Djibouti welcomes China's military presence

China Military Online
Yao Jianing

BEIJING, August 8 (ChinaMil) -- Spokespersons for both Chinese Foreign Ministry and Defense Ministry confirmed at the beginning of this year that China and Djibouti reached a consensus on China’s building support facilities in the latter, which will be China's first logistics installation overseas.

Wu Qian, spokesperson for China’s Ministry of National Defense (MND), said on February 25 that groundwork for relevant facilities was underway and China had assigned personnel to carry out relevant work.

"China won't use the construction of the support facilities to seek military interference in regional and other countries' affairs or seek military expansion," said Zhang Junshe, a Chinese military expert.

According to Zhang Junshe, a military base is a place where a certain amount of troops are stationed and that serves as the basis for implementing combat and training tasks.

For example, the U.S. military deploys three kinds of strategic bombers - B-52, B-1B and B-2 at the Andersen Air Force Base in Guam that carry out operations in the Far East.

Organizational structure of a certain scale is also established at the military base. The U.S. commander of the military base holds the rank of colonel and is responsible for managing everyday life, security and order at the base.

America's overseas military bases reflect its global military presence and help it maintain the global dominance, control the host country and allies, and influence the surrounding strategic situation.

In contrast, China builds support facilities in Djibouti just in order to serve Chinese naval taskforce that carries out escort missions in the Gulf of Aden and waters off Somalia. China's support facilities in Djibouti will only be used to store fuel, food, vegetables and fruits.

According to relevant United Nations resolution, China has dispatched 24 escort taskforces to those two regions, and Chinese navy sailors have encountered many difficulties in terms of rest, reorganization and replenishment during the missions.

Every time they berth at a foreign nation's port, they have to coordinate with the host country through diplomatic channels. "If China can build support facilities at an appropriate place en route to the escort missions, they can facilitate vessel berthing and guarantee rest conditions and logistics supply for our sailors," Zhang said.

"We welcome China in Djibouti, just as we welcomed the west." An article written by Djibouti's foreign minister Mahamoud Ali Youssouf was published on America's Defense One website, which refuted the view that "China is elbowing Americans out of Djibouti".

The Djibouti's foreign minister said in his article "some people have questioned whether China’s decision to establish a presence in Djibouti means that our nation’s ties with the United States are weakening. The answer is simple – no. We welcome China’s presence in Djibouti, just as we previously welcomed forces from the U.S., NATO, France, the United Kingdom, Italy, and Japan, who are present in our country. These are vital strategic allies for Djibouti as we fight against terrorism and piracy, which remain significant threats to the international community and the global economy."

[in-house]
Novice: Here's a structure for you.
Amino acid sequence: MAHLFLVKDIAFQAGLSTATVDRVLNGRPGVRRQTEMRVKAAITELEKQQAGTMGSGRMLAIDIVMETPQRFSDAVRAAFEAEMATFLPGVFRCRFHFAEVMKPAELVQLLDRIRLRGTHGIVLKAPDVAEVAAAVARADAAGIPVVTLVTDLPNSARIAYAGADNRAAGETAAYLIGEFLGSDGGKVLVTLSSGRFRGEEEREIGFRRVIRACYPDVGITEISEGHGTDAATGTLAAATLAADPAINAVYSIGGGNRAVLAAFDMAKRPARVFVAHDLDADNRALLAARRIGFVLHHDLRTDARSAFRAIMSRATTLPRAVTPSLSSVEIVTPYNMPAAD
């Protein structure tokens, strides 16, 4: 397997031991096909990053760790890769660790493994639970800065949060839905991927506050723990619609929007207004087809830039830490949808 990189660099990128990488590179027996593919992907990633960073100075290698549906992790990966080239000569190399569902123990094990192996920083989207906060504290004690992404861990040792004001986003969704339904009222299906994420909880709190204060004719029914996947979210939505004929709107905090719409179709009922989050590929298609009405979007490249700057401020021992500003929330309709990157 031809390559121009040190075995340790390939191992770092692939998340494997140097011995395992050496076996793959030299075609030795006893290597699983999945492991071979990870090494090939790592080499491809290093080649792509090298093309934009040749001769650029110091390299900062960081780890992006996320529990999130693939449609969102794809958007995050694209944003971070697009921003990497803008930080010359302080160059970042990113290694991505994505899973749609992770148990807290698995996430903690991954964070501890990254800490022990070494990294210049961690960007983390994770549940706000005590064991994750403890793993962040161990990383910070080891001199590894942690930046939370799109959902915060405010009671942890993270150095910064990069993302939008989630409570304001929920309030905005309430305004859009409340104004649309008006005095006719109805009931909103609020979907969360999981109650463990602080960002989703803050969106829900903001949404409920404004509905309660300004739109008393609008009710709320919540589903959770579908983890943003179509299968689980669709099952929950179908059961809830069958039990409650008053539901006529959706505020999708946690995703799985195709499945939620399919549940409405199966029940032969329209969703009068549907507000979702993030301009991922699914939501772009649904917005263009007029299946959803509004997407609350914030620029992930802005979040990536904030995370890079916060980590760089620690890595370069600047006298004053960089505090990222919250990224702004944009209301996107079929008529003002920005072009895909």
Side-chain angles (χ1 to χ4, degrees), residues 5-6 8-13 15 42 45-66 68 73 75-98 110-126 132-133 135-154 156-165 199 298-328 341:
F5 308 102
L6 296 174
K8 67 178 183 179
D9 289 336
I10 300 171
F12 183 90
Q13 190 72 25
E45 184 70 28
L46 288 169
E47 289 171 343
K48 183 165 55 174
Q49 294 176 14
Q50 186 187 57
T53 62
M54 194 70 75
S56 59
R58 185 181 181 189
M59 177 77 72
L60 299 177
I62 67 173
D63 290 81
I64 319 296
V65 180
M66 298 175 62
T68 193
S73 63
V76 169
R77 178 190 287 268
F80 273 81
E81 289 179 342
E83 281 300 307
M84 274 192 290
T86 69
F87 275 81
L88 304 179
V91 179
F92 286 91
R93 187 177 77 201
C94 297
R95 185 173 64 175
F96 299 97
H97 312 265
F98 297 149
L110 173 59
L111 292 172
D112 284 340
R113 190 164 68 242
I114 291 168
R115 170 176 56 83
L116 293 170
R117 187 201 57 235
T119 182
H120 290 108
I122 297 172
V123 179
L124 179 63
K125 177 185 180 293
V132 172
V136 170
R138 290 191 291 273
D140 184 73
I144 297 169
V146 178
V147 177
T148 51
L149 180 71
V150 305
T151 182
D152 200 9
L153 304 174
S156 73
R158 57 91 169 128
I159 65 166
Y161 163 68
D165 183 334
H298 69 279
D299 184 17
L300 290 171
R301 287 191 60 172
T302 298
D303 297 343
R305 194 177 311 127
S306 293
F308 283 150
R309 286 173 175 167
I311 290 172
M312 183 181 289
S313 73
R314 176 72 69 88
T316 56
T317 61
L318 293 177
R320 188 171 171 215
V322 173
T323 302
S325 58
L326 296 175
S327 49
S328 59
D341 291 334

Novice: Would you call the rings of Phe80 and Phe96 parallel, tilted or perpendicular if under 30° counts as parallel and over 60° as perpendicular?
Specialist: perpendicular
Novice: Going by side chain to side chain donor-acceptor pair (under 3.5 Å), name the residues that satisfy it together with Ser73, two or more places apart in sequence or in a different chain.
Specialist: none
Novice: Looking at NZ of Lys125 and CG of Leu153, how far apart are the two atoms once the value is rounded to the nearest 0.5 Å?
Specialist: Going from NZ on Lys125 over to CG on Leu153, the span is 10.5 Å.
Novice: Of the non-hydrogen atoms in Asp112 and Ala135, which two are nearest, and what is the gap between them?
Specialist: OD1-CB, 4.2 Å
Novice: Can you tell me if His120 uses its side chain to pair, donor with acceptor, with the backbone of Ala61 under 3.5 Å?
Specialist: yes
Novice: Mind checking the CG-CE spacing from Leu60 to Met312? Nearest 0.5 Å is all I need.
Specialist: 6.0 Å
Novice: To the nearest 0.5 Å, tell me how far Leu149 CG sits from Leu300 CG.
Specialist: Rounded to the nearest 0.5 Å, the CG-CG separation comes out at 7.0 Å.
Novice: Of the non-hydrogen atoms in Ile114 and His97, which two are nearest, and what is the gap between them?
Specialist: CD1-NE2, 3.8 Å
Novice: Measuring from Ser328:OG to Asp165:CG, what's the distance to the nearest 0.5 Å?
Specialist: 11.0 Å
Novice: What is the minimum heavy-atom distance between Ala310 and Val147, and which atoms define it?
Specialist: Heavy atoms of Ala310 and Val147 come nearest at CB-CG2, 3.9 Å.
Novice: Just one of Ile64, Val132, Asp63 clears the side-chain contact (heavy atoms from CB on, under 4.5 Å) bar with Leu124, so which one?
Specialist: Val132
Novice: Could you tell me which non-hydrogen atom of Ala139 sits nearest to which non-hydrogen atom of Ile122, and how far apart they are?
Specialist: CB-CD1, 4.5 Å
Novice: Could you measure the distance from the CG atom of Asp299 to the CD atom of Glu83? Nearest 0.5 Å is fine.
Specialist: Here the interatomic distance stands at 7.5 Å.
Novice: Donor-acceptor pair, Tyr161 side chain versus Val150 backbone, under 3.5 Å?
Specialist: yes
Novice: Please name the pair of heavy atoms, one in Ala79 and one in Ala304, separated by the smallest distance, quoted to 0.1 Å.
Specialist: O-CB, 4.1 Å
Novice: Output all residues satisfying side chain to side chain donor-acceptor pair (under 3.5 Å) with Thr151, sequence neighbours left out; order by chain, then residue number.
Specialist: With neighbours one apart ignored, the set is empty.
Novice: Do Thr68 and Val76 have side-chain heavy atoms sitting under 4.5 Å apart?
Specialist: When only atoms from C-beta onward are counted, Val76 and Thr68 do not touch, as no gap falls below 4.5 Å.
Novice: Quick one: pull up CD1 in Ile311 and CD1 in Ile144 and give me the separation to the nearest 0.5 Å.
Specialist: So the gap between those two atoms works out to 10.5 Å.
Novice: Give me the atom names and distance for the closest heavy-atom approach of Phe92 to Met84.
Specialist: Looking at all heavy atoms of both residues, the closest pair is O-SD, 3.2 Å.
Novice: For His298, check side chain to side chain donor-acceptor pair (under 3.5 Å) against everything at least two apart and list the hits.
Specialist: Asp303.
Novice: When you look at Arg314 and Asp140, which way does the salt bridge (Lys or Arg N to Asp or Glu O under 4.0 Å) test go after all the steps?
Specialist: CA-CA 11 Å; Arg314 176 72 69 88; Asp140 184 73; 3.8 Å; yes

Djibouti is known as the "strategic hotspot contended by maritime powers". China signed an agreement with the country in December 2015 to build a military replenishment port that's able to accommodate 10,000 people, with an aim to protect its huge economic and commercial interests in that region and ensure transportation, industrial and energy security.

Youssouf said with optimism that the presence of Chinese Navy or Army in Djibouti will help restore peace and security in the region with their strength and influence.

Located at the Mandab Strait, Djibouti is the fourth largest sea route for energy supply in the world, commanding a peerless strategic position.

The U.S. has built a military base near Djibouti's Ambouli International Airport that houses 4,000 resident troops and costs more than $60 million every year. The U.S. dispatches forces from the base to fight against ISIS, Somali pirates and branches of radical Islamic terrorist organizations in Africa. It is America's only permanent military base in Africa.

In addition to the U.S., Japan has spent $30 million per year maintaining its maritime military forces since 2011 and has taken active steps to enter waters of Djibouti.

The EU also set up the headquarters of its external peaceful training and sponsored operations in Djibouti in 2012, which has played an important role in EU's assistance to countries along the coast there. The military expenditure by various countries is the main source of revenue for Djibouti.

The authors are Zhang Penghui, Han Xiaoming, Wang Wei, Guo Yuandan and Ren Zhong, reporters from Global Times.

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